For some weeks, keen observers of the Scottish media scene will have been digesting the news that newspaper publishers, DC Thomson, Johnston Press and Newsquest are planning to bid for the right – and the public cash that will go with it – to run a television news pilot in Scotland, planned for next year – and extensively reported by allmediascotland, which today takes a peek at the media stories making it into the press….
Elsewhere on the site, allmediascotland blogger, Professor Brian McNair, explicitly asks what everyone has probably been thinking: How? Not how in practical, TV-making terms (though that is a consideration), but how as in How easily can the publishers set aside their rivalries?
That they are rivals is neatly illustrated in their respective takes on Johnston Press's interim financial results, issued yesterday morning.
Johnston Press publishes The Scotsman, whose business correspondent, Erikka Askeland, goes for the perfectly sound angle (indeed, the one allmediascotland goes for) that the prospects for advertising revenue have improved (page 1 of the paper's business supplement).
Not quite for The Herald, published by Newsquest. Its page 31 report of the results – by Simon Bain (who pitches in elsewhere in the paper with a front page exclusive about the possible financial salvation of Rangers football club) – reports that Johnston Press paid its banks a staggering £15 million simply to refinance its debt, and that it is paying off its borrowing at 10 per cent, when not so long ago it was five per cent. The debt, adds The Herald, stands at £424 million.
Elsewhere, there are reports of BBC 2's Christmas scheduling (The Herald going for Jerry Hall appearing in a drama based on the Martin Amis novel, Money – page 5, The Scotsman opts for the return of cook, Delia Smith, to the Xmas TV roster after an absence of almost 20 years – page 3).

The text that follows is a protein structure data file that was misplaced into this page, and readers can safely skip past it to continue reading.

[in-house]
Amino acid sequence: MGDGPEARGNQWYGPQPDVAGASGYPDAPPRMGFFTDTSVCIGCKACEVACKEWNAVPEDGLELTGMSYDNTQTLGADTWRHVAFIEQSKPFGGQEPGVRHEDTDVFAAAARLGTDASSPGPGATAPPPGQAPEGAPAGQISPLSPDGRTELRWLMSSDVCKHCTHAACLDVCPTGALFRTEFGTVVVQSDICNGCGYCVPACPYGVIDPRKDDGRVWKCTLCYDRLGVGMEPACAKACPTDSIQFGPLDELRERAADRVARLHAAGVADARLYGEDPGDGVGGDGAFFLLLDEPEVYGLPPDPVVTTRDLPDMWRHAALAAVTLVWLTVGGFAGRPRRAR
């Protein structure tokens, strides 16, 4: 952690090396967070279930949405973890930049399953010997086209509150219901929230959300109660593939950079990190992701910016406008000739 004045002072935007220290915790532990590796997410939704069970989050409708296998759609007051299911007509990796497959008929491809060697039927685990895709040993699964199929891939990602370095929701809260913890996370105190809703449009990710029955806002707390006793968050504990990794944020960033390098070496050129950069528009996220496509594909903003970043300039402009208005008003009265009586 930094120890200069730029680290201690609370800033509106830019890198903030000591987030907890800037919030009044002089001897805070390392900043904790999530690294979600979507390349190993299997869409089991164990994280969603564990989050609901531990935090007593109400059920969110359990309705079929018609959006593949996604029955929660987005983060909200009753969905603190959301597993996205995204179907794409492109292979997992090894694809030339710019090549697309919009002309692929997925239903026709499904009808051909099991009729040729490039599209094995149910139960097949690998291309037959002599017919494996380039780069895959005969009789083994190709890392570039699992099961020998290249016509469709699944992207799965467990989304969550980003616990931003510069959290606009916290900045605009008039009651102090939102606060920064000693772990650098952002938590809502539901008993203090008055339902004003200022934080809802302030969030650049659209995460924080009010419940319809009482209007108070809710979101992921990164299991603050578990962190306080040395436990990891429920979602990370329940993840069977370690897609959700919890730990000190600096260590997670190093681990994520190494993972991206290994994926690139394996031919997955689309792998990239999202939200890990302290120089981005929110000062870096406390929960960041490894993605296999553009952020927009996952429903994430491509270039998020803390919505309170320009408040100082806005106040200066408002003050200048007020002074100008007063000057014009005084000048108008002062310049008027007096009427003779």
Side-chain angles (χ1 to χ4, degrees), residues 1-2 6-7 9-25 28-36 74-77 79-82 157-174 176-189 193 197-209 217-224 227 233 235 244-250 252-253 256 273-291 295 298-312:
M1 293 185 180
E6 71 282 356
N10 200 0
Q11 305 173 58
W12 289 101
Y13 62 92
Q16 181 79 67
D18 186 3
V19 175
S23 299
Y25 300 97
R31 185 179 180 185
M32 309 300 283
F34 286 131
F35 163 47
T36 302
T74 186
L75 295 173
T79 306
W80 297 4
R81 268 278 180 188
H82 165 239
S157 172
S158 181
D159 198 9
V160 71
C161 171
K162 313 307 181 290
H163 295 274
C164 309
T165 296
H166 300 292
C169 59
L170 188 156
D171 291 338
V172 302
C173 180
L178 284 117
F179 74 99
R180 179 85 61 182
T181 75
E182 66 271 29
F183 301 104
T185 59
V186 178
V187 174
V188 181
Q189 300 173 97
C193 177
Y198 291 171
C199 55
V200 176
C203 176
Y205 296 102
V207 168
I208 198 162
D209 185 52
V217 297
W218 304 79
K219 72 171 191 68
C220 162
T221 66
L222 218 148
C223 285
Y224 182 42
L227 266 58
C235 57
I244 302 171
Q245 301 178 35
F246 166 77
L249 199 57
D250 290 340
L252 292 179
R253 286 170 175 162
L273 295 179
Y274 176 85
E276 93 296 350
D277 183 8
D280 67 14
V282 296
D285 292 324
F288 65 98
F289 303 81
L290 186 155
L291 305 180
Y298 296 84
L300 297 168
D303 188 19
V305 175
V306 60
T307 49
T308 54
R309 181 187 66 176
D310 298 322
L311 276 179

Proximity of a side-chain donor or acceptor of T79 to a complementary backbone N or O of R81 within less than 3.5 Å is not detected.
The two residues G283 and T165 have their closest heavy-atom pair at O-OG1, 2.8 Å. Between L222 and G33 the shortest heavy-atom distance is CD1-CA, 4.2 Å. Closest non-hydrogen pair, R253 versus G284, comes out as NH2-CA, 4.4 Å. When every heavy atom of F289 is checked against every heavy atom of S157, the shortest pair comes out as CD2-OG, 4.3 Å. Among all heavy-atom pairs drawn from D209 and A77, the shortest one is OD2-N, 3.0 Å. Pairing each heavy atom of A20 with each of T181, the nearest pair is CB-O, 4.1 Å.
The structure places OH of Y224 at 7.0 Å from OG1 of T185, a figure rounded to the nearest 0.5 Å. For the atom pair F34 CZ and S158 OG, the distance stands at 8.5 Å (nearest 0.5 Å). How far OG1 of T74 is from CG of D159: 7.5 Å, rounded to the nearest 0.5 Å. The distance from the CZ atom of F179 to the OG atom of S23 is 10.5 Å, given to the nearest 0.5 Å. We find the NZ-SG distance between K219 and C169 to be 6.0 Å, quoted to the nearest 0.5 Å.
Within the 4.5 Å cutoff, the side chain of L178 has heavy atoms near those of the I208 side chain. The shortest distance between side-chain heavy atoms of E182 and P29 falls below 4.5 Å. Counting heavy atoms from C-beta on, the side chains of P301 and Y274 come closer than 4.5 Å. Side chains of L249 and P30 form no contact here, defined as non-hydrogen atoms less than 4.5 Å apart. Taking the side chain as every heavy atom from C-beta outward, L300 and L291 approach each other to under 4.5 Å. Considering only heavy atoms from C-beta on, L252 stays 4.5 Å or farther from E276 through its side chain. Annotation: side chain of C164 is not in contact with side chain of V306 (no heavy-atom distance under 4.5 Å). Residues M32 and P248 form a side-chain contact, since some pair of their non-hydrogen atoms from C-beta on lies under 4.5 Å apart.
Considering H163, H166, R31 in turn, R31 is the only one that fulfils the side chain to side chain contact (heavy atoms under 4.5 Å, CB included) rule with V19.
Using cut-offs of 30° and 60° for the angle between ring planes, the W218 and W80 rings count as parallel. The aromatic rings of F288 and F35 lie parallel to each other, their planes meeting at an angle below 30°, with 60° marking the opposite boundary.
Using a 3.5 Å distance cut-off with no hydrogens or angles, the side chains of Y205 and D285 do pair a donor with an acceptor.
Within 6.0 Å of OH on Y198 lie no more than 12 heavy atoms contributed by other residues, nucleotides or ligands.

There's widespread teeing up of a sketch for the BBC charity event, Children in Need, that will star actors, Ken Stott and Alex Norton, respectively fictional detectives in STV dramas, Rebus and Taggart (page 3 of the Scottish Sun's TVbiz supplement, page 31 of the Daily Record, page 24 of The Scotsman, page 7 of the Scottish Daily Express, etc).
Talking of STV, the Scottish Daily Mail (page 13) reports 'anger' that the Glasgow-based broadcaster is showing documentaries all this week about the greatest Scots while ITV viewers elsewhere in the UK are getting to watch a new drama, Collision. On the same page, it picks up yesterday's Herald exclusive, that the top ten salaries at BBC Scotland add up to over a million pounds.
The Scottish Sun's columnist, John Smeaton, describes Greatest Scot as “some mince” and 'car crash” TV. The Scottish Daily Express's Hickey columnist says Collision versus Greatest Scot reminds him of when – very much tongue-in-cheek – he was STV Controller during the 1960s and he opted for a programme about vegetables in preference to the cop drama series, Z Cars.
Other media news:
* Warning, radio presenters! Never presume your microphone is switched off, BBC Radio Scotland guest presenter, Aggie MacKenzie, did and was caught, on air, saying something rude (Scottish Sun, page 3).
* Arts broadcaster, Melvyn Bragg, is to rejoin BBC2 – after 30 years away – as his ITV series, the South Bank Show, nears the end of its extensive run – The Herald, page 8. The Times. page 17.
* A 3-D film of The Queen's coronation is to be shown on Channel 4 next week – The Herald, page 9.